School variety meets needs of community
Published 11:34 pm Monday, March 30, 2009
Last week, the News-Herald reported on a drug sweep at Nansemond-Suffolk Academy that resulted in the arrest of one student.
The story generated dozens of comments on our Web site. The discussion quickly devolved from a commentary on the situation to a debate between supporters of public schools and supporters of private schools.
When I signed up for this career, I made an agreement to keep my opinion on stories I cover to myself; therefore, this column is not about the situation at NSA. It’s about the hopeless debate about whether public schools or private schools are better.
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I attended a very small private school from kindergarten through 12th grade. There were 17 in my graduating class, and 57 in the entire high school that year. It was so small, in fact, that it closed two years ago, because the tuition wasn’t enough to pay the bills.
I feel that I got a great education at my little school. I learned how to read, write and do all the necessary things in life. But more important, I learned about my religion, the difference between right and wrong, respect for others, respect for my country and numerous other values that it has become politically incorrect to teach the masses in public school.
However, small religious schools aren’t for everybody. That’s why there are numerous schooling options — public schools, religious schools, secular private schools and home schooling are some of the more popular options.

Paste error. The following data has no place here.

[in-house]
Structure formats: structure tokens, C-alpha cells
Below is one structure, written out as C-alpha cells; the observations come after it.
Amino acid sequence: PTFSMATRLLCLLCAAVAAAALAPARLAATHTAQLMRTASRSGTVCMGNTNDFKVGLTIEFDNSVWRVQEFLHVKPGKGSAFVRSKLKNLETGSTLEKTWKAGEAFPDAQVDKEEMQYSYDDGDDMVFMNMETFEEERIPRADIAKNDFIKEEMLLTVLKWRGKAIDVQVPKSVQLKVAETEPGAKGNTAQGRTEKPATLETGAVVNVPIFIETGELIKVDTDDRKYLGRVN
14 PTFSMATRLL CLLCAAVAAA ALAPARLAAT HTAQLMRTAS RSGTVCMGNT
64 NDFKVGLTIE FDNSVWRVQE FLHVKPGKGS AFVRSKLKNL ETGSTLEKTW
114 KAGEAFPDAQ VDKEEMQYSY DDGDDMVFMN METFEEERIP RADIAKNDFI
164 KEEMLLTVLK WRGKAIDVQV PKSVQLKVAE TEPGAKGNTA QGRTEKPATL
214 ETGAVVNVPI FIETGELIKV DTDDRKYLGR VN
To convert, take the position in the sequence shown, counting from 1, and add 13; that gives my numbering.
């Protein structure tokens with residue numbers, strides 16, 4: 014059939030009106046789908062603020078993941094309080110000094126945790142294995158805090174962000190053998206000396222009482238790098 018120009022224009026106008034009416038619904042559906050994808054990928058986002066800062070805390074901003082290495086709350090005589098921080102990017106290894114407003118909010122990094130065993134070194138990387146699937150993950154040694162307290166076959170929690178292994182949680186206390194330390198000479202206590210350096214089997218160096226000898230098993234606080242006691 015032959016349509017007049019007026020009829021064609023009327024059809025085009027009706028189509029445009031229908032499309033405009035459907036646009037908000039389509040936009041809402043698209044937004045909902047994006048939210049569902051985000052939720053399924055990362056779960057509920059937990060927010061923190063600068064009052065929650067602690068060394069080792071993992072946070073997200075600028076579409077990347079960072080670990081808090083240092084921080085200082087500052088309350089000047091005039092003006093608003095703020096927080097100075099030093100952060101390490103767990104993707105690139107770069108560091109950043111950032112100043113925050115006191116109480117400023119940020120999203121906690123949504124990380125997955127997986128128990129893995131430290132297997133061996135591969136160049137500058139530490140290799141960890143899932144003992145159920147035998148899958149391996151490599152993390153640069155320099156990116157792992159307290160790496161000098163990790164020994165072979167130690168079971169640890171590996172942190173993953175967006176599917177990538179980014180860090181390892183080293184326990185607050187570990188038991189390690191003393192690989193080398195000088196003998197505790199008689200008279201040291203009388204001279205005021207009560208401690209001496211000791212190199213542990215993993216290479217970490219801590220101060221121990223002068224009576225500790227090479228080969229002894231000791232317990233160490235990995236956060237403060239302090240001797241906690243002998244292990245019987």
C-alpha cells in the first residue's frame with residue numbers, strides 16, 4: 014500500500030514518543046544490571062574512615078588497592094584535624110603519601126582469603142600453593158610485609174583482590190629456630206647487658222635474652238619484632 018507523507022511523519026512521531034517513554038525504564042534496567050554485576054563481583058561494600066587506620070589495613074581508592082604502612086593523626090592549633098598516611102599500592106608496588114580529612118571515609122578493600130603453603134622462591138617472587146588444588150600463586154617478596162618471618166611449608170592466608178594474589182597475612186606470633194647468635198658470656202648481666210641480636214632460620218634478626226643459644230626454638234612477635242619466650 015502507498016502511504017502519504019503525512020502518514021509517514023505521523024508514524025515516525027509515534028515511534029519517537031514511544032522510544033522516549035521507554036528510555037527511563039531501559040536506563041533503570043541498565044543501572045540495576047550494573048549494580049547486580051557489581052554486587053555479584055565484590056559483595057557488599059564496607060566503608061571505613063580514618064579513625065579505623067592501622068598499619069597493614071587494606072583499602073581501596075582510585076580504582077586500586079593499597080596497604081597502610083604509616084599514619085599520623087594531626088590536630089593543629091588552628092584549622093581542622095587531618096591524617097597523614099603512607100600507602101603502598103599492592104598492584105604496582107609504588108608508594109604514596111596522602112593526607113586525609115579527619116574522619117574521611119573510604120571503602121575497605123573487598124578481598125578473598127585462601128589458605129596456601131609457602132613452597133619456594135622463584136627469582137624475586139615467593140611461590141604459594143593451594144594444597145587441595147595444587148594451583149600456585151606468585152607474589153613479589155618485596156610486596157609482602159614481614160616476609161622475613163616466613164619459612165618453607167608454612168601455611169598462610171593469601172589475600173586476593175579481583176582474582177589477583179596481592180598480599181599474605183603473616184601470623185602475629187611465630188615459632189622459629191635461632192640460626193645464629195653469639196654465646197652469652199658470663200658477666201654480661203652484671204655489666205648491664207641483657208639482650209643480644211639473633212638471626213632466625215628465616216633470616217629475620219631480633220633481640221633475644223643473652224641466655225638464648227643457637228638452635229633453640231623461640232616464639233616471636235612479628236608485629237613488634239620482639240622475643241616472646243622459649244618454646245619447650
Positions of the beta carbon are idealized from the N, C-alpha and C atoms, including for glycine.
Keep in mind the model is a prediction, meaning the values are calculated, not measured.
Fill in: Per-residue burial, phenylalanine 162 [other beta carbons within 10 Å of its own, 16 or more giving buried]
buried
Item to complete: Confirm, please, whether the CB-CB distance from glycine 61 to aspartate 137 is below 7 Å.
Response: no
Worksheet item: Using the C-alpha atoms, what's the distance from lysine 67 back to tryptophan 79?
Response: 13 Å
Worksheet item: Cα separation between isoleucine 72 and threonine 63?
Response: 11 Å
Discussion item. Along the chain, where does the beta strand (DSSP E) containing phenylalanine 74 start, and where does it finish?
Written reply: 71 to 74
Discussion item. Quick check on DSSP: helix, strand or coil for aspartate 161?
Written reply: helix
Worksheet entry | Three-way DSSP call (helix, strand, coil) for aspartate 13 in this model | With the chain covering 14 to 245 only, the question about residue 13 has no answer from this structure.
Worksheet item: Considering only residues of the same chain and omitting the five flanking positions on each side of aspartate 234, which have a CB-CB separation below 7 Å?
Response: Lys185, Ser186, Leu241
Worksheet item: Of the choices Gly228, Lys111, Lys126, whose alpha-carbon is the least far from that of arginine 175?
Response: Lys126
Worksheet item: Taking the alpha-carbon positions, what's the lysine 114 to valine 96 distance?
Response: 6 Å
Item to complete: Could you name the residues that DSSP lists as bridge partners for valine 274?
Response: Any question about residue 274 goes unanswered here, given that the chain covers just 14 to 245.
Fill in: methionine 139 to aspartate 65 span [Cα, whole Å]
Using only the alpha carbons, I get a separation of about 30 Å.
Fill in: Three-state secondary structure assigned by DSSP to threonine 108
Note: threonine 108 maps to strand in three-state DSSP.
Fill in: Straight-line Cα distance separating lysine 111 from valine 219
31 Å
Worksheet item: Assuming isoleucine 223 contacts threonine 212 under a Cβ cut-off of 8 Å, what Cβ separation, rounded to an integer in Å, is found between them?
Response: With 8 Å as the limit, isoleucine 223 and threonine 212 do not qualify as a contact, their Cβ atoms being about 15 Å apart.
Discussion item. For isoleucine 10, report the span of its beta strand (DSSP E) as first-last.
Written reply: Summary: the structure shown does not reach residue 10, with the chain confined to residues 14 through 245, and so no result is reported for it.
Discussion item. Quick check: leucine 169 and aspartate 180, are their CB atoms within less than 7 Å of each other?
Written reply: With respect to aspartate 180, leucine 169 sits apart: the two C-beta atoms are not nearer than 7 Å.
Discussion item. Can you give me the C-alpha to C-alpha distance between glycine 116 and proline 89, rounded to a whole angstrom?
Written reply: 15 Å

Throughout my life, I have known people from all four of the above-mentioned schooling backgrounds. Many of them are very intelligent, well rounded, and responsible — but some are not — and the ones who are not have not come predominantly from any one form of schooling.
The point is this: No method of schooling is inherently better than another. The value a student gets out of his education is equal to the effort he puts forth.
There are pros and cons to each type of school system. At a public school, students can choose from many different clubs, programs and opportunities that most private schools don’t have the means or demand to offer. Many private schools, however, can offer smaller class sizes and freedom from restrictive government mandates. Religious schools can supplement the family and the church in faith-based education. Home schooling offers the ultimate freedom to instruct one’s children in the manner a parent feels best.
There are different types of schools for the different needs of families and individual students. Once we all understand this, we can all get along better, can’t we?